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To zap or not to zap: The debate over food irradiation heats up

By Phyllis HanesStaff writer of The Christian Science Monitor / October 15, 1986

IMAGINE strawberries that stay fresh for 2 or 3 weeks, pork that doesn't need extra long cooking, chicken, shrimp, and vacuum-packed meat that can be kept outside the refrigerator for six to eight years. These are some of the promises of food zapped with radiation to preserve freshness, to kill insects and bacteria, a process that could become as common as canning, freezing, or microwaving by the year 2000, according to Prof. Richard Matthews of the University of Florida's Institute of Food and Agricultural Sciences.

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But this rosy view is not unanimous.

Last month when a supermarket in North Miami, Fla., offered Puerto Rican mangoes that had been treated with gamma rays, it set off questions and controversy.

Although exposing some fruits and vegetables to low doses of radiation was approved by the United States Food and Drug Administration (FDA) in April, the process has been used mainly for spices and seasonings, until the recent sale of the irradiated mangoes.

``The food treatment process is simple,'' explains Dr. Matthews. ``Foods are put on a conveyor that exposes them to radiation inside a shielded chamber. Gamma rays from cobalt 60 or cesium 137 can be used, or foods can be exposed to X-rays or high-velocity electrons.''

Matthews cautioned that once exposed to these low doses of radiation, foods must still be refrigerated or handled like regular foods not treated with radiation.

It was more than 20 years ago that the FDA approved the radiation treatment of wheat, wheat flour, and potatoes. Dried spices and pork were given the OK in the 1980s. Other countries around the world have been selling some irradiated foods for years, but so far there has not been much available in the United States.

The major consumers of irradiated foods have been servicemen and astronauts on NASA's space shuttle, which has no refrigeration or cooking facilities.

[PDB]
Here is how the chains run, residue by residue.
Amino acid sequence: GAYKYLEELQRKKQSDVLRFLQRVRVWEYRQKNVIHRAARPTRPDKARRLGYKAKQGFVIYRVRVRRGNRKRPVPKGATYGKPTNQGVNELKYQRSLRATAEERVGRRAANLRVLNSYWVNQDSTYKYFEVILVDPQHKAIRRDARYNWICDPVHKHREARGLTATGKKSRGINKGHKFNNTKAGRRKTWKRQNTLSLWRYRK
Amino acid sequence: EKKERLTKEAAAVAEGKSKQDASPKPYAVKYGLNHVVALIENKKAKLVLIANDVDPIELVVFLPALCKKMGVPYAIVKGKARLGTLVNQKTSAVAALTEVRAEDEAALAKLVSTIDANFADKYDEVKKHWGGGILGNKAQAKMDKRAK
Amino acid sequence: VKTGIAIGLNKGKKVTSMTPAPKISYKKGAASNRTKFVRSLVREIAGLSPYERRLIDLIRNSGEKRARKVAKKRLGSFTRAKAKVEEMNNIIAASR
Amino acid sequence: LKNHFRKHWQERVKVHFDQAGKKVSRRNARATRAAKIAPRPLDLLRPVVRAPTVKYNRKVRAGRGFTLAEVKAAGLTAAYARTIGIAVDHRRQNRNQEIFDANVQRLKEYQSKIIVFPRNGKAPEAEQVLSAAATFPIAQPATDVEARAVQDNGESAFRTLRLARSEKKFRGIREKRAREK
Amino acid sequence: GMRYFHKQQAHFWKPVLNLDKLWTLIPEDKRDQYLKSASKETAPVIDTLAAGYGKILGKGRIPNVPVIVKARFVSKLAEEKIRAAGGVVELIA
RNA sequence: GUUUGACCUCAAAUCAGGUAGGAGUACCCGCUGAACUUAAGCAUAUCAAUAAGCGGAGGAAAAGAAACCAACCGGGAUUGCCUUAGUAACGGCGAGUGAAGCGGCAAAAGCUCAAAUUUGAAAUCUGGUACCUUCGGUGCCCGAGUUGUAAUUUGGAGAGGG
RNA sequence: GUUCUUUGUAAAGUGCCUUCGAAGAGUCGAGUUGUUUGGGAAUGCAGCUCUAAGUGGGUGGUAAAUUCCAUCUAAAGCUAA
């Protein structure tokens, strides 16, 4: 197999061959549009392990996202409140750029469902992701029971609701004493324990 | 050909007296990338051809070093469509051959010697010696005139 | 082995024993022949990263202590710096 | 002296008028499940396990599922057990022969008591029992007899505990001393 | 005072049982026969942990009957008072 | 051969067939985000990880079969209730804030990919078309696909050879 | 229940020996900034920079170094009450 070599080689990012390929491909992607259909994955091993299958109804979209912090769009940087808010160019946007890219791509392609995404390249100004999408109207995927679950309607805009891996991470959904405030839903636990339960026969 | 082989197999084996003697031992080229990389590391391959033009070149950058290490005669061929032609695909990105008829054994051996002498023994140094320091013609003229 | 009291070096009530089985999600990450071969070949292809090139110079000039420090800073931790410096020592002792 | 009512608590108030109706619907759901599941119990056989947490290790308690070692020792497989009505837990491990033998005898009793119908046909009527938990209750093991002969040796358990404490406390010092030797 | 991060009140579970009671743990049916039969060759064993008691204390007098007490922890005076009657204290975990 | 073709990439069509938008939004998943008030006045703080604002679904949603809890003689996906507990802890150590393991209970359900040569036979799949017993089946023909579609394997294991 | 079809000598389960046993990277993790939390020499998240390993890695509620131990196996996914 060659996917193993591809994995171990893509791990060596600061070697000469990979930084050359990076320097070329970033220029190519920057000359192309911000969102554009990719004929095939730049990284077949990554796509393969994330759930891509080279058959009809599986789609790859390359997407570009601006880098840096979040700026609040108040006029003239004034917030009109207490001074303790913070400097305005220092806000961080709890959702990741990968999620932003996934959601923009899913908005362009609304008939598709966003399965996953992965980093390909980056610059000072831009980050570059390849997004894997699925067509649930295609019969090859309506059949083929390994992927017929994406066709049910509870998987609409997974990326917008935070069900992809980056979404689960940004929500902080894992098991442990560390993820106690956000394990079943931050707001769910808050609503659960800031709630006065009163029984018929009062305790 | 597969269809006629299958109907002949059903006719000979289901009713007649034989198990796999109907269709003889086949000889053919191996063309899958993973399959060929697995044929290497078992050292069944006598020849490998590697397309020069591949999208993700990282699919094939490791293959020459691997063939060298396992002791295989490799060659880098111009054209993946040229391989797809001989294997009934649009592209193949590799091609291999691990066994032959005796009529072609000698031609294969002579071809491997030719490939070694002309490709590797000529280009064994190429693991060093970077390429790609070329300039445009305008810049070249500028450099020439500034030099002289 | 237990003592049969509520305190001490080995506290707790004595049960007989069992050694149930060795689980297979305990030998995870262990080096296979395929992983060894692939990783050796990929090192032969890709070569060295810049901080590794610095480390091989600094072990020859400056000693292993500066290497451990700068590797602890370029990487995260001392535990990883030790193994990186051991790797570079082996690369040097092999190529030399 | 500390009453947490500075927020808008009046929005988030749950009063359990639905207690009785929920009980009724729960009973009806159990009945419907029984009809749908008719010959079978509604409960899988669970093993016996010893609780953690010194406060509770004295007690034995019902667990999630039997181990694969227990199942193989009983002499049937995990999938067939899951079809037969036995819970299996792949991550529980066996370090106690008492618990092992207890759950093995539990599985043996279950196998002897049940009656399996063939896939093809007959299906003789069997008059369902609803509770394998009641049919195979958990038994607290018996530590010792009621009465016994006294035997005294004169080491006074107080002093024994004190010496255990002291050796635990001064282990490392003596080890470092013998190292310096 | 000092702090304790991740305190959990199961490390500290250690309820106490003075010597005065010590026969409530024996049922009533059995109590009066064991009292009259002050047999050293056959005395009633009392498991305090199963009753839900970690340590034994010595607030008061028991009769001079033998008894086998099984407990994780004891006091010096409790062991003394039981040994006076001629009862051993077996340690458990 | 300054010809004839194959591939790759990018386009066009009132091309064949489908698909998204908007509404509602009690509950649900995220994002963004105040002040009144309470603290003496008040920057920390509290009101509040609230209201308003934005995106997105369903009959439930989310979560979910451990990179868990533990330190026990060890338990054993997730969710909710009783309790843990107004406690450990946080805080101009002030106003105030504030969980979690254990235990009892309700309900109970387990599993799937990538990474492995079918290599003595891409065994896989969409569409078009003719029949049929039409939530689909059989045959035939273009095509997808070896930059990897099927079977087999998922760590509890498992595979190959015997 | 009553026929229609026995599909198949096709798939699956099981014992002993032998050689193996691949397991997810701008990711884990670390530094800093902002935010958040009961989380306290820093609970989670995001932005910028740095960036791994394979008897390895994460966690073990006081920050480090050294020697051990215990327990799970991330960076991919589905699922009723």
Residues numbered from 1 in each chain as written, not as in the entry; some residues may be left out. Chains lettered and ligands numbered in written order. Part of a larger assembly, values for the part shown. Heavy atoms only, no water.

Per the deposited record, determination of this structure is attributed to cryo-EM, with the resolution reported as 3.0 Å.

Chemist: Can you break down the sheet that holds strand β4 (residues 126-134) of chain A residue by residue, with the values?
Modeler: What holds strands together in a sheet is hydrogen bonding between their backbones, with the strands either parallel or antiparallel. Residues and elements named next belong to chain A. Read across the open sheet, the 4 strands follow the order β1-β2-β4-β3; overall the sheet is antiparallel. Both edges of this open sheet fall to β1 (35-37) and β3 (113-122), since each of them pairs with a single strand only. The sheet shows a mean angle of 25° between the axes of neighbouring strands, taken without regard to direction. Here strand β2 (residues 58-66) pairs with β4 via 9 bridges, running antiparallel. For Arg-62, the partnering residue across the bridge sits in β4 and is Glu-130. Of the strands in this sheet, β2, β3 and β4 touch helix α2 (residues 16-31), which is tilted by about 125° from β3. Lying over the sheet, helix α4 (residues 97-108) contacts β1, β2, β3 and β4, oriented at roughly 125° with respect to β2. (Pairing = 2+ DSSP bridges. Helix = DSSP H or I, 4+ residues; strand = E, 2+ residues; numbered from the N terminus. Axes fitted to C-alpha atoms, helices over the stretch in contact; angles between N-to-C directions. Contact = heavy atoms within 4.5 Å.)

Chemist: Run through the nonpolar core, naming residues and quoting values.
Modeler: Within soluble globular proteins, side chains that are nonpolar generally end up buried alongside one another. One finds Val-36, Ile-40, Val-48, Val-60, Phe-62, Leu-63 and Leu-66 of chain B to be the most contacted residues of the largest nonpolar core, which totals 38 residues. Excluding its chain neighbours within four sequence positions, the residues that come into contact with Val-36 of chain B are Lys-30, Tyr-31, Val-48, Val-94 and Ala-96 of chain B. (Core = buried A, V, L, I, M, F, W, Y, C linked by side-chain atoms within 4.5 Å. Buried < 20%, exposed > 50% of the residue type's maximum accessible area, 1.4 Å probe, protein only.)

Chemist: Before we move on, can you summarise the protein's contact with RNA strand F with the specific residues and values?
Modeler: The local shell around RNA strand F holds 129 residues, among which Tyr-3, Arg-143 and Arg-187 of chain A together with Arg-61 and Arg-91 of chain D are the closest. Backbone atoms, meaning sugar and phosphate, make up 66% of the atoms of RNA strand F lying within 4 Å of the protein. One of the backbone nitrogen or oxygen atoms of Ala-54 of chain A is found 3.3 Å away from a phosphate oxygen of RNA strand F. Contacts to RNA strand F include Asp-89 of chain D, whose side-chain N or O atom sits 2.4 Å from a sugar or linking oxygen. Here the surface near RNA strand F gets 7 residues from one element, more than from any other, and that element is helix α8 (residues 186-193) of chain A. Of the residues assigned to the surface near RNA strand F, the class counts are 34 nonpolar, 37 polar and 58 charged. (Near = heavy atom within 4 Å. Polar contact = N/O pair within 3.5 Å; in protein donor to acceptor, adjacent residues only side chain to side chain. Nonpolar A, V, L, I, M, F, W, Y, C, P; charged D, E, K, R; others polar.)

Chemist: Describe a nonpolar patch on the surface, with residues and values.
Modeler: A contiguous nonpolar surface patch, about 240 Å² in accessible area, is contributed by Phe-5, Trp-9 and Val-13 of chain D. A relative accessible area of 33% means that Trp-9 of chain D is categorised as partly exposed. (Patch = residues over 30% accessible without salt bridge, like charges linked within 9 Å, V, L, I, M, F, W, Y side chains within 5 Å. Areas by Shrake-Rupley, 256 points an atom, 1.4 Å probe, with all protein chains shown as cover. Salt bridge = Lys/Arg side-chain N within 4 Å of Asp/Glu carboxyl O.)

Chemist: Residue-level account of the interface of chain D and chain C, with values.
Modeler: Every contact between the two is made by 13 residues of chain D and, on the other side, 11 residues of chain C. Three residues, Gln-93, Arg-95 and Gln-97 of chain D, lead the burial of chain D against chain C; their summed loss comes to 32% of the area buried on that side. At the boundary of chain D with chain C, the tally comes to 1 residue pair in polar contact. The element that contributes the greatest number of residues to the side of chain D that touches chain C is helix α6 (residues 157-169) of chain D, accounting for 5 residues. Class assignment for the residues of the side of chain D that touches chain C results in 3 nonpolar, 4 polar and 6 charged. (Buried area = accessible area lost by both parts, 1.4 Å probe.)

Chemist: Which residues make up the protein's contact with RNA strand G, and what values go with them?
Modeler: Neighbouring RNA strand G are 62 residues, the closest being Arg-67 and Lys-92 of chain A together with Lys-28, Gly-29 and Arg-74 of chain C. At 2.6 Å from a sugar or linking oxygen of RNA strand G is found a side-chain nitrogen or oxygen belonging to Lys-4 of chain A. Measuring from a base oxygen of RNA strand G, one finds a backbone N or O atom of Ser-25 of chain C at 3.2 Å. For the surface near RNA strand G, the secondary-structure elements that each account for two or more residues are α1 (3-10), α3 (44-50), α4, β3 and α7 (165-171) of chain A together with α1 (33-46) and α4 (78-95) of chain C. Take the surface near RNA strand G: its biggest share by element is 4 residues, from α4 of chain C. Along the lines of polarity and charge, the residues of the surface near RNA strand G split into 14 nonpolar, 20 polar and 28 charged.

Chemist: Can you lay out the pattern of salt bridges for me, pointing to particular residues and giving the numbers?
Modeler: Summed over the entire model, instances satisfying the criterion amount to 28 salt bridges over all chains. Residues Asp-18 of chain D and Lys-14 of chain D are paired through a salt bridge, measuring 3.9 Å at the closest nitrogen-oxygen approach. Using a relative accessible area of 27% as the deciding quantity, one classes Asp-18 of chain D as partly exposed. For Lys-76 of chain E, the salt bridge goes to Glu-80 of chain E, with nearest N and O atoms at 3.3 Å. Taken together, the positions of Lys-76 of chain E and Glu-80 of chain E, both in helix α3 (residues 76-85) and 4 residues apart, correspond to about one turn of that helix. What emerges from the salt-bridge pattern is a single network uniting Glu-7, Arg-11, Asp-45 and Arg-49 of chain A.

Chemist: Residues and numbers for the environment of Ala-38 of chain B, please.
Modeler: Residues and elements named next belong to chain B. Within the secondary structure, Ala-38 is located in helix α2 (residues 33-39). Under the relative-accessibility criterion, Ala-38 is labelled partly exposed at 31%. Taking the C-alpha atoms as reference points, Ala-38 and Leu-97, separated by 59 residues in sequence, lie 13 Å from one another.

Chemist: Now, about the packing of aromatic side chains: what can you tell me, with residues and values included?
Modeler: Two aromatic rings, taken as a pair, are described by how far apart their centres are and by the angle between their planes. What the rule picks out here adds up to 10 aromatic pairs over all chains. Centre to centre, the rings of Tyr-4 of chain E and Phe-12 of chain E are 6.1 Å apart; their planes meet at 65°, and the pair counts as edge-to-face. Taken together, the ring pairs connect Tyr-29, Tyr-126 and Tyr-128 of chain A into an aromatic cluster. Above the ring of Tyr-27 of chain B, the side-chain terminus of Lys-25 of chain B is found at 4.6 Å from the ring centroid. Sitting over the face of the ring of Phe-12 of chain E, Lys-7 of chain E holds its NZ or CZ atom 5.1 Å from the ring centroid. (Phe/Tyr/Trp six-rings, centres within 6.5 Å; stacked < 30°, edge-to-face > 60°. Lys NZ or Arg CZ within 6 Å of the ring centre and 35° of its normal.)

Vacuum-sealed, irradiated steak, which could last two to three years, as well as irradiated rye bread, rolls, and other foods have been served aloft. Other consumers include hospital patients diagnosed as having low resistance to infection.

Overall, the commercial development of the food-irradiation process has been slow. But this is nothing new. American consumers have frequently been hesitant about accepting new food techniques.

It took more than 50 years for the canning process to become fully accepted and years for people to become accustomed to frozen foods.

``Irradiated foods are probably not going to make a big hit with most people right away,'' says Dr. Matthews.

``At best, consumer acceptance will be slow. And I believe the food industry itself will be conservative about adopting this new technology.''

Radiation is a scary word. The public winces at the thought of eating anything treated with radiation, even though scientists say there's no radioactivity created in food from the process.

Because it will extend the shelf life of certain foods, the new ruling is seen by some as a great service to consumers. Others, however, consider the practice of irradiating foods to be expensive, unsafe, and unneeded.

In spite of the FDA's approval, the process until now has been used mostly to preserve herbs and spices. But recently.

When irradiated mangoes appeared in Laurenzo's Farmer's Market in Miami Beach, owner David Laurenzo explained that fruits such as mangoes and papayas have been difficult to find in the US.

``We wouldn't be able to import Puerto Rican mangoes if they weren't treated,'' Mr. Laurenzo says. ``I believe it's a safe, good way to preserve the fruit a few days more.''

``Treated food can be eaten immediately,'' says George Giddings, director of food irradiation at Isomedix Inc., a company with plants in several cities and in Puerto Rico. ``It is absolutely impossible for any radiation to be still in the food -- the same as a radiation treatments to the human body. After it's over, it's over.''

``The radiation penetrates through the food and its packaging so that all portions are treated. No residues remain,'' Mr. Giddings says. ``There is essentially no temperature rise in the food. Frozen frogs legs and shrimp will not thaw while being decontaminated.

``The molecular changes that occur in foods at the FDA-approved one-kiloGray level are minimal: less than those that occur when foods are cooked or canned. The change of color and flavor of various spices are less than from fumigation, '' he says.